6 Things You Need to Know Before You Get Veneers
By Elise Minton Tabin |
The tales and anecdotes of what really goes into getting a set of veneers—thin porcelains shells that are adhered to your teeth to mask imperfections and make them whiter, straighter and prettier—range from having no original tooth left (under the veneers) to being able to slack off on taking care of your teeth and pretty much everything in between. But, truth be told, none of them are actually true. To set the record straight, we went to the experts to separate fact from fiction and find out what really happens when you get veneers.
You May Also Like: The Top 5 Benefits of Veneers
You Can’t Get Veneers On The Spot
Getting veneers is a multistep, time-consuming process—you can’t walk into your dentist’s office and expect to walk out with a brand new smile that same day. “A smile analysis needs to be done so your dentist can confirm you’re a candidate for veneers. There are times when veneers aren’t the only solution and other procedures can achieve a similar effect,” says New York cosmetic dentist Emanuel Layliev, DDS. “You should discuss with your dentist what you like and don’t like about your smile and what you hope to achieve with veneers.”
Your New Smile Is Made Exactly How You Want It
One of the best things about veneers is that they can be customized to your liking. Whatever you don’t like about your teeth can be minimized or changed. To create the perfect result, your bite, enamel thickness and pulp tissue all need to be measured and taken into consideration so your dentist can craft your veneers to be flattering to your smile. These factors play an important role so that the thickness of your veneers is just right for a natural result.
You Have to Wear a "Trial Smile"
Unlike the final thing, your temporary veneers are adhered to your teeth with a temporary bonding cement so you can get an idea as to how your new smile will look and feel once it’s complete. “A trial smile is offered to show you what your new smile can look like so there are no surprises after the initial procedure. It is done quickly and usually only needs to be work for a few days,” says New York cosmetic dentist Irwin Smigel, DDS. During the trial smile period (the teeth will look natural) is the time to make any final tweaks to your veneers.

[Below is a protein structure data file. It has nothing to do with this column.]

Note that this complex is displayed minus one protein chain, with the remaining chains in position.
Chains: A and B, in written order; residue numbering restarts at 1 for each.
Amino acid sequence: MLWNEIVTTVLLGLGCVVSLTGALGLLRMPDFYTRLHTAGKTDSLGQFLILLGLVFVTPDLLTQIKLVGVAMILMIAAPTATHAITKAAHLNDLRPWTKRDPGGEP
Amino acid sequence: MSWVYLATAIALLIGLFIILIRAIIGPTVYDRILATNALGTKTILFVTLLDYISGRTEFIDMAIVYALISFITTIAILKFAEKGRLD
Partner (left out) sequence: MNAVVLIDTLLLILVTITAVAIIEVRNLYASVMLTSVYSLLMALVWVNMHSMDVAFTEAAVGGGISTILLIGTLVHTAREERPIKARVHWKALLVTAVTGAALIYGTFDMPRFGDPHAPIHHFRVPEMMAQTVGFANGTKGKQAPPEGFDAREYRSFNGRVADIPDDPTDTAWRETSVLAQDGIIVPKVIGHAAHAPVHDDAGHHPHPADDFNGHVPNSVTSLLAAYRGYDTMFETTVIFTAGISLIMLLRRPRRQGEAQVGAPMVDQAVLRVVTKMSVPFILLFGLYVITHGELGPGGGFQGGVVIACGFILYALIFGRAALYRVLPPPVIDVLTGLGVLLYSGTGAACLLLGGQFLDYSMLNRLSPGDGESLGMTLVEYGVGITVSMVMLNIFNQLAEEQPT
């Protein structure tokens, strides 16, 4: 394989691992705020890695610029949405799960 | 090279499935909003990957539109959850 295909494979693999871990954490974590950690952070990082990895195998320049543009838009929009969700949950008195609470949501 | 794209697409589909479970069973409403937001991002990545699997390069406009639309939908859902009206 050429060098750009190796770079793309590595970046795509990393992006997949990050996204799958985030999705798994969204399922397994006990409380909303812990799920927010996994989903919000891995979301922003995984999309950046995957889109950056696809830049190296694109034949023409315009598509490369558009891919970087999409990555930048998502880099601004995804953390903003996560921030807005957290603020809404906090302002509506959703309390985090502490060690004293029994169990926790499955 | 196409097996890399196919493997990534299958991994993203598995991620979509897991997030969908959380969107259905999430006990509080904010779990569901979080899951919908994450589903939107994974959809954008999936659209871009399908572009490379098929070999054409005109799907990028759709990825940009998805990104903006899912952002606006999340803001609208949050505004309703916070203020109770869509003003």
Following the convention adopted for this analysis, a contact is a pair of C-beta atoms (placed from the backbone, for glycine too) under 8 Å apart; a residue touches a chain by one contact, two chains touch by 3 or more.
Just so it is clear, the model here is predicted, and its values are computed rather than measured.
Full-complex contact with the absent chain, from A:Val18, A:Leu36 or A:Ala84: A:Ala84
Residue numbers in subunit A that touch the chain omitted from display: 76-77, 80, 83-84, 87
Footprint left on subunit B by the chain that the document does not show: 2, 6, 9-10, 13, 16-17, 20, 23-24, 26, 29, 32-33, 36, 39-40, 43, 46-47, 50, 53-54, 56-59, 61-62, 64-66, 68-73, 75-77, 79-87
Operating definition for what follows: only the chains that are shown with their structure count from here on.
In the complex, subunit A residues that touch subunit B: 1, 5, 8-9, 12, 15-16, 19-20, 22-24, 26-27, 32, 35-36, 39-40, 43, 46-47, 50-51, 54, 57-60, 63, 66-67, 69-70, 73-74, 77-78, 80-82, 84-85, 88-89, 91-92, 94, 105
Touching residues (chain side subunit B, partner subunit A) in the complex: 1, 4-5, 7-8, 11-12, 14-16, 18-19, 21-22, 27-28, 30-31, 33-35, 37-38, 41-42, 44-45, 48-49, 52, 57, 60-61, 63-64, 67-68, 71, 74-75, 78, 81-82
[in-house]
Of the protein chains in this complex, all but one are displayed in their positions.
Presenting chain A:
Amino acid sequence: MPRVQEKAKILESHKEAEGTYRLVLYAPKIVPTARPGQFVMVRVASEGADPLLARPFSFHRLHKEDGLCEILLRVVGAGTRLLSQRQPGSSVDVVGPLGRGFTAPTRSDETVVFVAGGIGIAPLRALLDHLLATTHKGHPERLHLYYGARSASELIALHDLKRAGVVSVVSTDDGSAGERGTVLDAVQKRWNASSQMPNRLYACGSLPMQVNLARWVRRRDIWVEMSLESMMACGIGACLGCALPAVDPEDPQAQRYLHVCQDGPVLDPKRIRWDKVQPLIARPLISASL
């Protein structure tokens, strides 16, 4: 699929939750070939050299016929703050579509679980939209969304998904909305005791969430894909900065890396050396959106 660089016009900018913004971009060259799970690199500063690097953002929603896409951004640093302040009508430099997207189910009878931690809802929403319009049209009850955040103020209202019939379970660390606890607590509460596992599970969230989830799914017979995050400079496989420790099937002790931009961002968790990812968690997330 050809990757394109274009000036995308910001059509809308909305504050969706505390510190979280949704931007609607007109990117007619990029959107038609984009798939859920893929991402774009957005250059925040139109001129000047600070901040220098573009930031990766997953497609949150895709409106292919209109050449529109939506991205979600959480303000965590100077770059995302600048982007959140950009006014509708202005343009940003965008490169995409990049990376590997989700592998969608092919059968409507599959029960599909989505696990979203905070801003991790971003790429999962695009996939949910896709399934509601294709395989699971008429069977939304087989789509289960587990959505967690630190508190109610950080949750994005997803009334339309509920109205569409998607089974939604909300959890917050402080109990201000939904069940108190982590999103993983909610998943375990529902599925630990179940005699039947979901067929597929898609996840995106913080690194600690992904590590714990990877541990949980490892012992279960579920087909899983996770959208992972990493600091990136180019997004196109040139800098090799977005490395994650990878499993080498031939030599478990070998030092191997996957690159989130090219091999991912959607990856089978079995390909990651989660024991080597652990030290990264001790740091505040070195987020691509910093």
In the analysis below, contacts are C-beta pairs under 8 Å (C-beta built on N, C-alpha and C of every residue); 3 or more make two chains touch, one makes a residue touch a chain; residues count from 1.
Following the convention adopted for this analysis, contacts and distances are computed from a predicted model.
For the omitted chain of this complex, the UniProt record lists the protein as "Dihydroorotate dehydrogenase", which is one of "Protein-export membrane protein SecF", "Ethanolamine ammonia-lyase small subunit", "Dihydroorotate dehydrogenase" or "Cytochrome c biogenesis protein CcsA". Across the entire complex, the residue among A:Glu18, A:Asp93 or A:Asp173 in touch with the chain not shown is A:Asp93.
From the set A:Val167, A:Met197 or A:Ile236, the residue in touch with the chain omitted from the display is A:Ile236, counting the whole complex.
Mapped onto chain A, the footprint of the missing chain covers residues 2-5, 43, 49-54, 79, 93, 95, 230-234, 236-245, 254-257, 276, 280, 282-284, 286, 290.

Your Natural Teeth Exist, but They’re Thinner and Smaller
In order for veneers to fit and hold on to your teeth, Miami cosmetic dentist Ryan Ziegler, DMD, says your natural teeth need to be slightly reduced. “It varies as to how much reduction is needed for each patient, but I try to keep it to a minimum.” Chances are, your teeth won’t be filed down to the width of a toothpick. “Porcelain veneers are an irreversible procedure, which is why it’s important to be in the hands of an experienced cosmetic dentist. Prior to bonding the veneers onto the teeth, I place them in position for my patients’ final approval,” adds Dr. Ziegler.
The Process Isn’t as Painful as You May Think
It’s not that getting veneers is an excruciatingly painful procedure, but there may be some discomfort. “A patient should never feel any pain during the procedure. We carefully numb all the required areas we are working topically before going ahead with Novocain,” says Dr. Layliev. “Nitrous oxide can also be used during the treatment to calm and soothe the patient, and in some instances, Valium is used, too.” He adds that it’s not atypical to feel some sensitivity along the gumline on the day of treatment, but it should subside with ibuprofen or acetaminophen.
You May Have to Have Them Replaced
While veneers are a long-term option (you can get 10 to 20 years out of them) they won’t last forever. “How long they last will depend on how well you take care of your teeth,” says Wellington, FL, cosmetic dentist Sam Sadati, DDS. After years of wear and tear, the porcelain may become worn down, chipped or broken, which means it’s time to replace them (you probably won’t have to replace every veneer at once). “If there is gum recession around the teeth, there may be a discrepancy in color or shape if the natural tooth is dark and your veneers are not.”